Discovery of over 20 mystery carvings at Caithness beach deemed a very significant find by Oxford academic who calls it a 'grand marine shrine'
Easier access to your trusted, local news. Subscribe to a digital package and support local news publishing.
A Wick man believes he has found over 20 unrecorded carvings on hard to access rocks at Sannick beach in what has been hailed as an "incredible discovery" of Nobel Prize-winning poet Pablo Neruda’s work.
Andrew Simpson was working on a photographic project around the northern coast of Caithness when he came across the neat, stylised script carved into the rocky shoreline at the Bay of Sannick near Duncansby Head. He knew there had been a discovery of finely sculpted Neruda poems at the site but these were unrecorded.
Mr Simpson said: "Three years ago I discovered a line carved on the east side of the bay and what I thought was a Greek word but I knew the poem was elsewhere so I didn't think any more of it. Recently, I thought I could include it for a 52-week project I'm doing on the Duncansby coastline duncansby.me
"The question now turns to who is doing the carvings as they have taken considerable time and effort to work in inaccessible spots?" He believes one particular rock holds a clue to the identity of the carver and could be their signature – with the Greek spelling of the name Stefanos engraved into the surface. After finding the signature, Mr Simpson went looking for more of the carvings related to Pablo Neruda who is regarded as one of Chile’s greatest poets and died less than two weeks after a military coup in his country in 1973.
Neruda’s XVII Sonnet, a love poem written in Spanish, is visible for around an hour a day, before the lapping sea buries it deep within Caithness waters. Edgar White came across the carvings while examining the Old Red Sandstone reefs at the west end of the remote beach in 2013 and thought the words may have been carved in 2004, the 100th anniversary of Neruda’s birth, when there was a celebration of the poet’s life in Edinburgh that year.
After discovering the signature, Mr Simpson looked for more carvings and said he found seven that were never recorded. "I've been back quite a few time since and am now over 20. Approximately seven are from 'Las piedras del cielo' or Skystones. There are also approximately five from '20 Poemas de amor y una canción desesperada' – 20 Love Poems and a Song of Despair.” Not all the carvings are of the complete poems – a few are complete and most consist of a few lines.
He then contacted Dr Dominic Moran from Christ Church College at the University of Oxford who thinks the new finds are of "great interest and importance". "He has also said he believes it to be 'one of the most significant and unusual monuments to Neruda and his poetry anywhere'."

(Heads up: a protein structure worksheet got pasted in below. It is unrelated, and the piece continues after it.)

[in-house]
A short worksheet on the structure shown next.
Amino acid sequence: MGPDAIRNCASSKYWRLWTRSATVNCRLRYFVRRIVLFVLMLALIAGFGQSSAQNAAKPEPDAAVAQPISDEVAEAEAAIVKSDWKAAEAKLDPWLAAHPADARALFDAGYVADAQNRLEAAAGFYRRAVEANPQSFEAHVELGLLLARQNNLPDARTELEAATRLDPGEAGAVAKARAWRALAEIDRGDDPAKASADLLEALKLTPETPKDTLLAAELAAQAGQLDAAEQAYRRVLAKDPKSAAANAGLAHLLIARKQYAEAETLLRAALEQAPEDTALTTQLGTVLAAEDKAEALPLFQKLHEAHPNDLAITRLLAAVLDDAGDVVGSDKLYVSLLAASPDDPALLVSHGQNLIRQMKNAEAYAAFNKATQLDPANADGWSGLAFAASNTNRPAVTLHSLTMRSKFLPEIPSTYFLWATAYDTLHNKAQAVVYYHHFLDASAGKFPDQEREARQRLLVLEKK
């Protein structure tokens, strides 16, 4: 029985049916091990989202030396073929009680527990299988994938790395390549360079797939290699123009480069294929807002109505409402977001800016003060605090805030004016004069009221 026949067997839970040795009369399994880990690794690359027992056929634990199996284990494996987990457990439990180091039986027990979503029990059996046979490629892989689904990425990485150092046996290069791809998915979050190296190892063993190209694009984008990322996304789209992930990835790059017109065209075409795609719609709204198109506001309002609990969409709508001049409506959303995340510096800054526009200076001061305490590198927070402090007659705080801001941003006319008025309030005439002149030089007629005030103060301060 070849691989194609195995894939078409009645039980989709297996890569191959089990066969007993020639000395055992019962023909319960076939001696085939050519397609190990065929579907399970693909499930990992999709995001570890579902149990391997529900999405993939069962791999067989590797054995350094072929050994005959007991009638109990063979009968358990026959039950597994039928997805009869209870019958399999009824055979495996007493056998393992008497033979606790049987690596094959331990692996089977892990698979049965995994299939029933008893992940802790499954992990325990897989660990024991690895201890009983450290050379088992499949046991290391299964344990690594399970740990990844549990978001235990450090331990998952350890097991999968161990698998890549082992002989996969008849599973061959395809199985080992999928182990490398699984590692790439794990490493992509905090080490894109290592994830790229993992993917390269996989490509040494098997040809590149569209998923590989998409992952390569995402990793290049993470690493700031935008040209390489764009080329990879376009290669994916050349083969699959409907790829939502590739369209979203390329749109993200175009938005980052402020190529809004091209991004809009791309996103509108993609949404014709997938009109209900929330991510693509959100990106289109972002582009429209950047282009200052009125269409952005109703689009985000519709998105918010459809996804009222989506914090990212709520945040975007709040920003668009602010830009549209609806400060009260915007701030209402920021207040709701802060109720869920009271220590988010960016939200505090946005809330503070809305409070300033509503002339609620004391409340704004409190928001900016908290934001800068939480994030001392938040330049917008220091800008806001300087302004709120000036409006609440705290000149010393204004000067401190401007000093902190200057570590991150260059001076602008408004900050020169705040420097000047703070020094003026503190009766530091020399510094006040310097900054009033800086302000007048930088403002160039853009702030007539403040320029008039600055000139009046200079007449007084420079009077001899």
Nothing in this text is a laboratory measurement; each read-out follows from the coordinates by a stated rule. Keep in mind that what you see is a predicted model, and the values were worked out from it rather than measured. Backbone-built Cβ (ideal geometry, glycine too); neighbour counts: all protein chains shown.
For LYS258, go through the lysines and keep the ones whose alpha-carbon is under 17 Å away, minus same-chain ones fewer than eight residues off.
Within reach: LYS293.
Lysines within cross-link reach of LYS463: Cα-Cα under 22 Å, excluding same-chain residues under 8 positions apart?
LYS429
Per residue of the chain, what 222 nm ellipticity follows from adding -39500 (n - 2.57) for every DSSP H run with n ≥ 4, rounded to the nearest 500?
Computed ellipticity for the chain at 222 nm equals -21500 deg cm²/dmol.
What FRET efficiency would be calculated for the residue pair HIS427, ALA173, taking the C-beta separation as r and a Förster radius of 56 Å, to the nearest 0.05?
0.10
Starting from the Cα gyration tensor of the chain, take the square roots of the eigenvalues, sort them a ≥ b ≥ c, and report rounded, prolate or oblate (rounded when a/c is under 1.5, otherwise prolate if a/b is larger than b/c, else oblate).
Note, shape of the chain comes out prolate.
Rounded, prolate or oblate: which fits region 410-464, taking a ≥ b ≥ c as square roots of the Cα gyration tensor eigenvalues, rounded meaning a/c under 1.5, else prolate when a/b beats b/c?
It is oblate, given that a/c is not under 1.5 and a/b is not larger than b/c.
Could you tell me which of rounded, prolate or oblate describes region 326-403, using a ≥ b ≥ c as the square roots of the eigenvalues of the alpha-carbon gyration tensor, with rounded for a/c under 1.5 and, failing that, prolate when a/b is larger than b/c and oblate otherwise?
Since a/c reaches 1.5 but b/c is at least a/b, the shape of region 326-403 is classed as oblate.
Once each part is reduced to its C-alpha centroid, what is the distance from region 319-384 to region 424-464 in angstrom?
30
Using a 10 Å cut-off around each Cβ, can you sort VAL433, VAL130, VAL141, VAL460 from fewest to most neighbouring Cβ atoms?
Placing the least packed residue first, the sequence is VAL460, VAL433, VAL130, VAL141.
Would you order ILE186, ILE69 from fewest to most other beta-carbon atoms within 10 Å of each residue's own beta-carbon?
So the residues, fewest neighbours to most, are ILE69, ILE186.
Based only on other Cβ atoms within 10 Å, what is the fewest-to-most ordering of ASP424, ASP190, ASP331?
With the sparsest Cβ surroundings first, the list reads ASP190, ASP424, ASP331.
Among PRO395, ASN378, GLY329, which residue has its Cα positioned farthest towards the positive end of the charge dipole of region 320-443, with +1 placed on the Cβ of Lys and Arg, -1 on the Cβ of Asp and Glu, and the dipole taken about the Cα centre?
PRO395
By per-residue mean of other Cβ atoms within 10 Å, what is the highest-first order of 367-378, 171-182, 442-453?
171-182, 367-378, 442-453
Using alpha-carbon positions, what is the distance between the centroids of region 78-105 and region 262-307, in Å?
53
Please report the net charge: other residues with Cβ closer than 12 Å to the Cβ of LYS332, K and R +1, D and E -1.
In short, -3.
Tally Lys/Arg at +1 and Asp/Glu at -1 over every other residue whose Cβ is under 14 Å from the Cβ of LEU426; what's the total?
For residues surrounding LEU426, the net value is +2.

Dr Moran specialises in 20th century Spanish American literature having put together a critical edition of Neruda's 20 Love Poems and in 2009 publishing a short literary biography of the poet.
He said: "Stones have an emblematic quality in much of that poetry, often standing for origins, permanence and solidity in a number of different contexts, whether simply 'natural', philosophical or sociohistorical – stones play a key symbolic role in this latter respect in his great Latin American epic poem Canto general (1950), where Neruda is seeking some sort of bedrock on which to found/build his vision of the continent."
The Oxford academic thinks there is no more apt place for Neruda's poetry to be sculpted – "not just on a rock, but on a rock on the shore". He adds: "Andrew Simpson's incredible discovery of many more carvings – 23 and counting, all accompanied by lines of Neruda's poetry – reveal an undertaking of a quite different order, and suggest that the creator of this site, a sort of grand marine shrine to the poet, knew Neruda's poetry intimately and was well aware of just how appropriate an act of homage this is."
Dr Moran says the poetry comes from a variety of works, but most of the lines are taken from the late and little-studied collection Las piedras del cielo (1970) which is virtually unknown to general readers of Neruda's verse and is taken up largely with meditations on rocks and minerals, the sea, and the relationship between them over time. He thinks there is direct relationship between the chosen location at Sannick beach and the wild coastal stretch of southern Chile that Neruda wrote about.
"The quotations have clearly been carefully selected and invite us to ponder over the location itself, as well as the poetry. Is it a coincidence that the sculptor has chosen a comparable setting, about as far north as one can get in the British mainland?"
Dr Moran said identifying the sculptor would be a major coup though they may wish to remain anonymous and "just let the sea/rocks do the talking". He said he will be informing the Neruda Foundation in Chile about the find.
Mr Simpson is still collating all the details of the latest discoveries and is being assisted by Dr Moran who hopes to visit the site soon.
Andrew Simpson's photographic project can be seen online at: duncansby.me/